These songs span a variety of decades, genres, and tempos, so no matter what your music preferences are, one of these feminist musicians has a holiday song for you.
Taylor Swift knows what her words are worth—and she’s about to show us. By re-recording her music, she is reclaiming not only her work, but also her stories, memories and words.
Swift re-recording her masters is not only huge news for Swifties excited for updated versions of their favorite songs, but also a feminist victory for Swift and all female musicians.
Lucinda Williams’s “Good Souls and Better Angels,” was released early into the pandemic this April. I interviewed the Grammy-winner this summer, while she was quarantined with her husband in their home in Nashville.
“Queer heartbreak is so much more subtle and unnameable when you’re not out. When your love is not seen as valid by the world you live in, it’s harder to express heartbreak,” says Sabrina Chap, whose latest album “Postcards from the Rearview Mirror” tells the heartbreaking story of two queer teenagers on a cross-country journey.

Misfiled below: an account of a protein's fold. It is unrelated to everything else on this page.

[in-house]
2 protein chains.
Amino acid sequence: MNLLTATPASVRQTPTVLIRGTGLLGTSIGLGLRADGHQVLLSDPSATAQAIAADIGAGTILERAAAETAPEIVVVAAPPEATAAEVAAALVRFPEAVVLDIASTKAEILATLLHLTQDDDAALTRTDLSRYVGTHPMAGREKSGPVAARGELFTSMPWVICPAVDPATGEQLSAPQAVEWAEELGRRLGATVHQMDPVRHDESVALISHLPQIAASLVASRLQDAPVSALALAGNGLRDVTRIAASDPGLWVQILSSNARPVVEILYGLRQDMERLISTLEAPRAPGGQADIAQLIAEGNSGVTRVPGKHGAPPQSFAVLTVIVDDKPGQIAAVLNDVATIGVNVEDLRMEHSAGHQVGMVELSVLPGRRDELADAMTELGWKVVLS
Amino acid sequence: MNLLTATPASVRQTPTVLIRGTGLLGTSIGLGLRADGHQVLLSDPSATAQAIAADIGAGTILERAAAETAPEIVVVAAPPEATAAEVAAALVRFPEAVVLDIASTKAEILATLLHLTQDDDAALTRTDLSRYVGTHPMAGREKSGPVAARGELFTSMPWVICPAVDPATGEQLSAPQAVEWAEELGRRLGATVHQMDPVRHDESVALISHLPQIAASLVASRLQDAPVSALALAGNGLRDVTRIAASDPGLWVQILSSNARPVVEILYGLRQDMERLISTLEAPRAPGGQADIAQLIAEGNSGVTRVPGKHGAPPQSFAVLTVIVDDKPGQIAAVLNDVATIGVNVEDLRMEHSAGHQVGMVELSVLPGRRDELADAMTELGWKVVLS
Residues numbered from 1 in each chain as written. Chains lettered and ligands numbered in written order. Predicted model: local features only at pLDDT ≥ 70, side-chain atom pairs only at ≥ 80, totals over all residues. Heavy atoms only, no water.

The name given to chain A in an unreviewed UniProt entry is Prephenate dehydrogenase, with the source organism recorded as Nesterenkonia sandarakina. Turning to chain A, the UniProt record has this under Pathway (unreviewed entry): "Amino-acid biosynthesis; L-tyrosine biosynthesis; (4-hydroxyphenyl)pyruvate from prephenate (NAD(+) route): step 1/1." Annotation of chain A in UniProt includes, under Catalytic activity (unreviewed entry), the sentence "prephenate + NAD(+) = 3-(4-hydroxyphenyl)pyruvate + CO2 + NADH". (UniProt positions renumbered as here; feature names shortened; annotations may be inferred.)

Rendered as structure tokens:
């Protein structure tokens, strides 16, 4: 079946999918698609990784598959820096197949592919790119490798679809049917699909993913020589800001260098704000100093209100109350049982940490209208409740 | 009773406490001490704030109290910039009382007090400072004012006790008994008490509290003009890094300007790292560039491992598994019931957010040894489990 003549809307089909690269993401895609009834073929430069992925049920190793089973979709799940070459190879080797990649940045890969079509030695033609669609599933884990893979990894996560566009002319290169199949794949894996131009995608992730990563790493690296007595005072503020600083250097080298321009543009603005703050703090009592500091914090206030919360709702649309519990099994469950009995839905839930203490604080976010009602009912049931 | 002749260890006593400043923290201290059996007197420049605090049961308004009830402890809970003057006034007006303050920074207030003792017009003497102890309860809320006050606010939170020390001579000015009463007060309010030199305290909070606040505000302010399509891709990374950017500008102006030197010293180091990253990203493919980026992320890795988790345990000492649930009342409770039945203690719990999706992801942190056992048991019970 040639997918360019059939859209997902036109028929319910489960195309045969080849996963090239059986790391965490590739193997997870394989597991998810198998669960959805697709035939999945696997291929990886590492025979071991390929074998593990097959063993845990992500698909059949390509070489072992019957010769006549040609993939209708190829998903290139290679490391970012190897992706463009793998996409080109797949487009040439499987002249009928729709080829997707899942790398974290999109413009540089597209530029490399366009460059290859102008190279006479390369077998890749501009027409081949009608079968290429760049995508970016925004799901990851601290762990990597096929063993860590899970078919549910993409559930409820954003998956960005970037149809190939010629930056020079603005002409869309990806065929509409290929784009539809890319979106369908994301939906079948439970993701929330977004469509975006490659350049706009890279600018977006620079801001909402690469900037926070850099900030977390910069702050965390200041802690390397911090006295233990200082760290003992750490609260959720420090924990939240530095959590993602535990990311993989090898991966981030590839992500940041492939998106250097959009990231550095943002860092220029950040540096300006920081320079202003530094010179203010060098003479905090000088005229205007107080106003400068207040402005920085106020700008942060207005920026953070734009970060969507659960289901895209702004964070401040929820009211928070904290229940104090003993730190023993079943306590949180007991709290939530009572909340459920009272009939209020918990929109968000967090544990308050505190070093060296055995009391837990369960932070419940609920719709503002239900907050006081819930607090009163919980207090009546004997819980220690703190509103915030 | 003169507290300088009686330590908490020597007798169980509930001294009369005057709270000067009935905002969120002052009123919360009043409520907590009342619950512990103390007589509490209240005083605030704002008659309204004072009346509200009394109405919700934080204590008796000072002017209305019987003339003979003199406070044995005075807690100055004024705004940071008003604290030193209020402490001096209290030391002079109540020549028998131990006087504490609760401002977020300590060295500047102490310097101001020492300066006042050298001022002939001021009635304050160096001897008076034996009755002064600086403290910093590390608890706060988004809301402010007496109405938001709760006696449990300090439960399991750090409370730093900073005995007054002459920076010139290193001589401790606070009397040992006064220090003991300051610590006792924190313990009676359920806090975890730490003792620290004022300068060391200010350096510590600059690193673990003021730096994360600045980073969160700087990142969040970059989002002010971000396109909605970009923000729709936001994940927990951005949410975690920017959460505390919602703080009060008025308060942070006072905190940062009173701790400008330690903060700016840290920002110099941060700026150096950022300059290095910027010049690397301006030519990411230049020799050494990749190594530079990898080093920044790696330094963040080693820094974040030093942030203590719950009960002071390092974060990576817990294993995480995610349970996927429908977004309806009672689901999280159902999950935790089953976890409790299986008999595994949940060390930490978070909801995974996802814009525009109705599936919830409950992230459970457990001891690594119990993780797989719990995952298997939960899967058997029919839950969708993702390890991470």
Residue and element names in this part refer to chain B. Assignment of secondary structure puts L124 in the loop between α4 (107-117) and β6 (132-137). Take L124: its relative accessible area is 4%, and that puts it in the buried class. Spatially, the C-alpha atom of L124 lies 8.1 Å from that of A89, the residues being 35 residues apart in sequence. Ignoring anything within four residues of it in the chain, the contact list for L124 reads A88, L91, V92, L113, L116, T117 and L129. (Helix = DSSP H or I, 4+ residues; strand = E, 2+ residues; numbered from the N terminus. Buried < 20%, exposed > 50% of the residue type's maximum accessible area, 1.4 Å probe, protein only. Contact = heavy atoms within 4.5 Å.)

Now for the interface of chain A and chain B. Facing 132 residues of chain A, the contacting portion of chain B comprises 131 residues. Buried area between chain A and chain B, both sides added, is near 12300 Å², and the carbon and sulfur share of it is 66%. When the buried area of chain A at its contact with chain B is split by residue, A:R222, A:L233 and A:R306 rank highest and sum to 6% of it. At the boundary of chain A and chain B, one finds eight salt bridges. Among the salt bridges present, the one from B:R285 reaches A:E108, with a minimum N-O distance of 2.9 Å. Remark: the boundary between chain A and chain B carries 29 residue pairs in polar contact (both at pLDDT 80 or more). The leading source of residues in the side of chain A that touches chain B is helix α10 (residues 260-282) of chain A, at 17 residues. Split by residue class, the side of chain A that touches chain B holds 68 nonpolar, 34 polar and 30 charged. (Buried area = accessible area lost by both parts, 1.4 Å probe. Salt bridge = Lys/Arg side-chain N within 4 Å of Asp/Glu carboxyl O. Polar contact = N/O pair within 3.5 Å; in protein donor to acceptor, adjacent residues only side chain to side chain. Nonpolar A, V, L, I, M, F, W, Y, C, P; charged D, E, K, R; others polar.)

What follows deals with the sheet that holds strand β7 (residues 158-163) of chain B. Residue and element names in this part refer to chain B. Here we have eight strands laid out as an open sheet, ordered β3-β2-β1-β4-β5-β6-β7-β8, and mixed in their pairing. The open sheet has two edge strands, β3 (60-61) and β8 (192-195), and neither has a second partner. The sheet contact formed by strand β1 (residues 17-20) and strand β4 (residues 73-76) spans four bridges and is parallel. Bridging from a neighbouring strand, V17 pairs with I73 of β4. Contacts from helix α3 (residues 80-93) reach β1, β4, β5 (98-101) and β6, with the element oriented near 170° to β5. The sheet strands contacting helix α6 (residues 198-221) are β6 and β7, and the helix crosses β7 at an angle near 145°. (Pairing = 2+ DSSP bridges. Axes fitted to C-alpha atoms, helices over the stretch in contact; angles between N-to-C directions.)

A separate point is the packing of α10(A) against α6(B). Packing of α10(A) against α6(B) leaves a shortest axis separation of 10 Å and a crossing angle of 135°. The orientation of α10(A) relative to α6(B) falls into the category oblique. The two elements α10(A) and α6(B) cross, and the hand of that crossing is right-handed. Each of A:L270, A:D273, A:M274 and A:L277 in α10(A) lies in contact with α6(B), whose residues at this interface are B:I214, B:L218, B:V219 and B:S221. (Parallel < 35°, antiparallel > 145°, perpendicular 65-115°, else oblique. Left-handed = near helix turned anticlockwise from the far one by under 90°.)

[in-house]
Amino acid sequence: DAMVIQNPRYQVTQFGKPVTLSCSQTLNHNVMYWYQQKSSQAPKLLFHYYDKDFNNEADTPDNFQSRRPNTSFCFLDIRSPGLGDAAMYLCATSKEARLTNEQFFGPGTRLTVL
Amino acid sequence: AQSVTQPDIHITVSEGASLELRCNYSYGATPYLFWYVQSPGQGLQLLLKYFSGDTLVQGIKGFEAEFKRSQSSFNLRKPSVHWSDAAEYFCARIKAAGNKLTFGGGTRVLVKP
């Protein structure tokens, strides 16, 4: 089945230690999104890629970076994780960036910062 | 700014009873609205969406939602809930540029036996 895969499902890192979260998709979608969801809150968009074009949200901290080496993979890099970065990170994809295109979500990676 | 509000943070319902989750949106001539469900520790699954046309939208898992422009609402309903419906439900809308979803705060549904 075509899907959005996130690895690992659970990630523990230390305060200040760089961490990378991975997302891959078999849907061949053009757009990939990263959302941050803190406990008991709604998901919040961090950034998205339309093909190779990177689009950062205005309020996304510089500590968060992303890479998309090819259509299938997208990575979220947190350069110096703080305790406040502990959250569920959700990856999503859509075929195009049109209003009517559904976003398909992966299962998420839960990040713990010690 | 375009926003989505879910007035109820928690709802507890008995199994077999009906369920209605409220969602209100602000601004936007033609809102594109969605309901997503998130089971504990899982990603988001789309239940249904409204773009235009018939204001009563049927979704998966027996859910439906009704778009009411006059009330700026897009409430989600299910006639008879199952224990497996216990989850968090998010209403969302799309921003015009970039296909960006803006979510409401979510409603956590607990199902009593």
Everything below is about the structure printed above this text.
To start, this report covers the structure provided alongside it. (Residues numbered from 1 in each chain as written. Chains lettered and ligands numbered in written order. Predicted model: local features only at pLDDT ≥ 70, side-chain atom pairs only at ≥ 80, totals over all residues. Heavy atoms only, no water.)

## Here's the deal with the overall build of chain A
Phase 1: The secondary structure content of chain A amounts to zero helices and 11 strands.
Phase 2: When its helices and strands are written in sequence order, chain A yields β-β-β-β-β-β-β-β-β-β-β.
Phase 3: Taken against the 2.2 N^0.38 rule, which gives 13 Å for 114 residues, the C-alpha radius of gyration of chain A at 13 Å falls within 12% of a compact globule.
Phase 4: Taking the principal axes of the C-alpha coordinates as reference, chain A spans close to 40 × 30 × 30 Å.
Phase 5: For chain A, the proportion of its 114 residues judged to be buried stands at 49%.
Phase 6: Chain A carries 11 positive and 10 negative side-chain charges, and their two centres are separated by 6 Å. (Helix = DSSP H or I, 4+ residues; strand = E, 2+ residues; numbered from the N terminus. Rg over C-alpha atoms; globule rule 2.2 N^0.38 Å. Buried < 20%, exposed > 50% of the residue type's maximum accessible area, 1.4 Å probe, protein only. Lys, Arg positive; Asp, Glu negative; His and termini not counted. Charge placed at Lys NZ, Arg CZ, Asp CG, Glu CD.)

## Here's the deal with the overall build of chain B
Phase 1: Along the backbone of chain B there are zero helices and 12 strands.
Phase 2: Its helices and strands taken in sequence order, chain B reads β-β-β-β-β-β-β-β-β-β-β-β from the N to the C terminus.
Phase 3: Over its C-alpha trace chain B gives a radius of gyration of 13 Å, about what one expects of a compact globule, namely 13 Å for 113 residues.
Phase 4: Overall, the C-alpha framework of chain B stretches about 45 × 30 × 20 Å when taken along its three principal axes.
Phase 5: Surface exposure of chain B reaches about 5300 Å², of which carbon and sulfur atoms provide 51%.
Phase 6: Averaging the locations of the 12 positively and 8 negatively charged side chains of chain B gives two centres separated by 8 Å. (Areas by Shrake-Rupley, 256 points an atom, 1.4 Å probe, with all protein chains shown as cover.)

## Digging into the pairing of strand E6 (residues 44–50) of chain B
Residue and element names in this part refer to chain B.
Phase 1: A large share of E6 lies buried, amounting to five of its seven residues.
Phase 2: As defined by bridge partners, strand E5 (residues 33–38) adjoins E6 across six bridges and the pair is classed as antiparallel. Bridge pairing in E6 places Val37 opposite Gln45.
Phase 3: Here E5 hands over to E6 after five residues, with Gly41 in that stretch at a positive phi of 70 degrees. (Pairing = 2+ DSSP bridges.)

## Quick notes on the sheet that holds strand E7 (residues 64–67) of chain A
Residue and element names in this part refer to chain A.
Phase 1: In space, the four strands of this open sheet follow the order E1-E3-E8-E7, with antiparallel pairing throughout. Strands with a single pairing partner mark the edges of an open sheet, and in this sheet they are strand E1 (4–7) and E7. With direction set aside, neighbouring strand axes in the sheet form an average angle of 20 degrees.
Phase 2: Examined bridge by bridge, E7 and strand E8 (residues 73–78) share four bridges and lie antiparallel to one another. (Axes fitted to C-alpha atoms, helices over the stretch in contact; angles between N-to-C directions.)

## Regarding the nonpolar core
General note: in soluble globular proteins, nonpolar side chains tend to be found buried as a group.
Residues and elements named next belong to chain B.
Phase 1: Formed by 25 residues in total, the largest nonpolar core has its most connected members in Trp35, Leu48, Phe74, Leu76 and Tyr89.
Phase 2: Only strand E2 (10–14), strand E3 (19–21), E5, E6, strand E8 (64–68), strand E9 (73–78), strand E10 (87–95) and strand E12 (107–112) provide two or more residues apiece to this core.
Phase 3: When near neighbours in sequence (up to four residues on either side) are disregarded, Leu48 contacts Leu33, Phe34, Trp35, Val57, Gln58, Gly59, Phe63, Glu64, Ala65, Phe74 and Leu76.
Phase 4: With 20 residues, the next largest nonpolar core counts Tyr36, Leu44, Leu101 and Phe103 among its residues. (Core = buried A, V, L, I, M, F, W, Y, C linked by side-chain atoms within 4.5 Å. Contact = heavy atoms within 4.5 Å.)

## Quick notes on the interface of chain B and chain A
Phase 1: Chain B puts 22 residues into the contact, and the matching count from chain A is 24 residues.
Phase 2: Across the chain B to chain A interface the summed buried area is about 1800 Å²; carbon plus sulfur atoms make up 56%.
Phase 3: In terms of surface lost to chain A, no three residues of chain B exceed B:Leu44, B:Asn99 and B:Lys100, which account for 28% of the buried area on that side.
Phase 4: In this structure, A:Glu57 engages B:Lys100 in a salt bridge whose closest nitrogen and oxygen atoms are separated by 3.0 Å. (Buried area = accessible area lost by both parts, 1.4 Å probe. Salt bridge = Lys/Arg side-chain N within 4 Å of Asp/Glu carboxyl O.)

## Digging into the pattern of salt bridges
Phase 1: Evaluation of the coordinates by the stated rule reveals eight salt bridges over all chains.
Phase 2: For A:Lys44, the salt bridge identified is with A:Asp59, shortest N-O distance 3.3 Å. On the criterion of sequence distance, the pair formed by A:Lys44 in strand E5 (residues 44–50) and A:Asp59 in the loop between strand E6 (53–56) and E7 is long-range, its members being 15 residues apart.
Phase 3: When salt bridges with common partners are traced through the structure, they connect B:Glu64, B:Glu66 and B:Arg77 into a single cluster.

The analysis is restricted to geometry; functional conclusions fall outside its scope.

The concept album started with a dream. Singer, songwriter, and Broadway actor Morgan James dreamed that she performed “Jesus Christ Superstar.” In her dream, she was Jesus and Shoshana Bean was Judas. She told her friends about the dream, and they encouraged her to make her idea of an all-women production a reality. What Morgan says started out as a lark became the (so far) two-volume “She Is Risen.”
Helen Reddy, whose 1972 hit “I Am Woman” sold over a million copies and voiced what so many women were feeling but dared not express out loud, died on September 29; she was 78.
Helen Reddy’s life is brought to the screen for the first time in Australian director Unjoo Moon’s new biopic, “I Am Woman,” in theaters and on demand September 11.
As the U.S. celebrates Women’s Equality Day, it’s time to take a deeper look into sexist stereotypes, why female names are used when describing negative personality traits and, more broadly, why the language we use to refer to women is often derogatory.
We are certainly entering a new era when Beyoncé, our most celebrated Black pop star, can access a dominant worldwide corporation like Disney—responsible for some of the most troubling anti-Black representations for nearly a century—and utilize its platform to correct our image and offer us a grand, divine mirror to see ourselves anew. “Black is King” is Oshun’s mirror by way of Beyoncé’s artistic vision.
The sexist double standard between an ambitious woman speaking her mind and a man who does the exact same thing is crystal clear.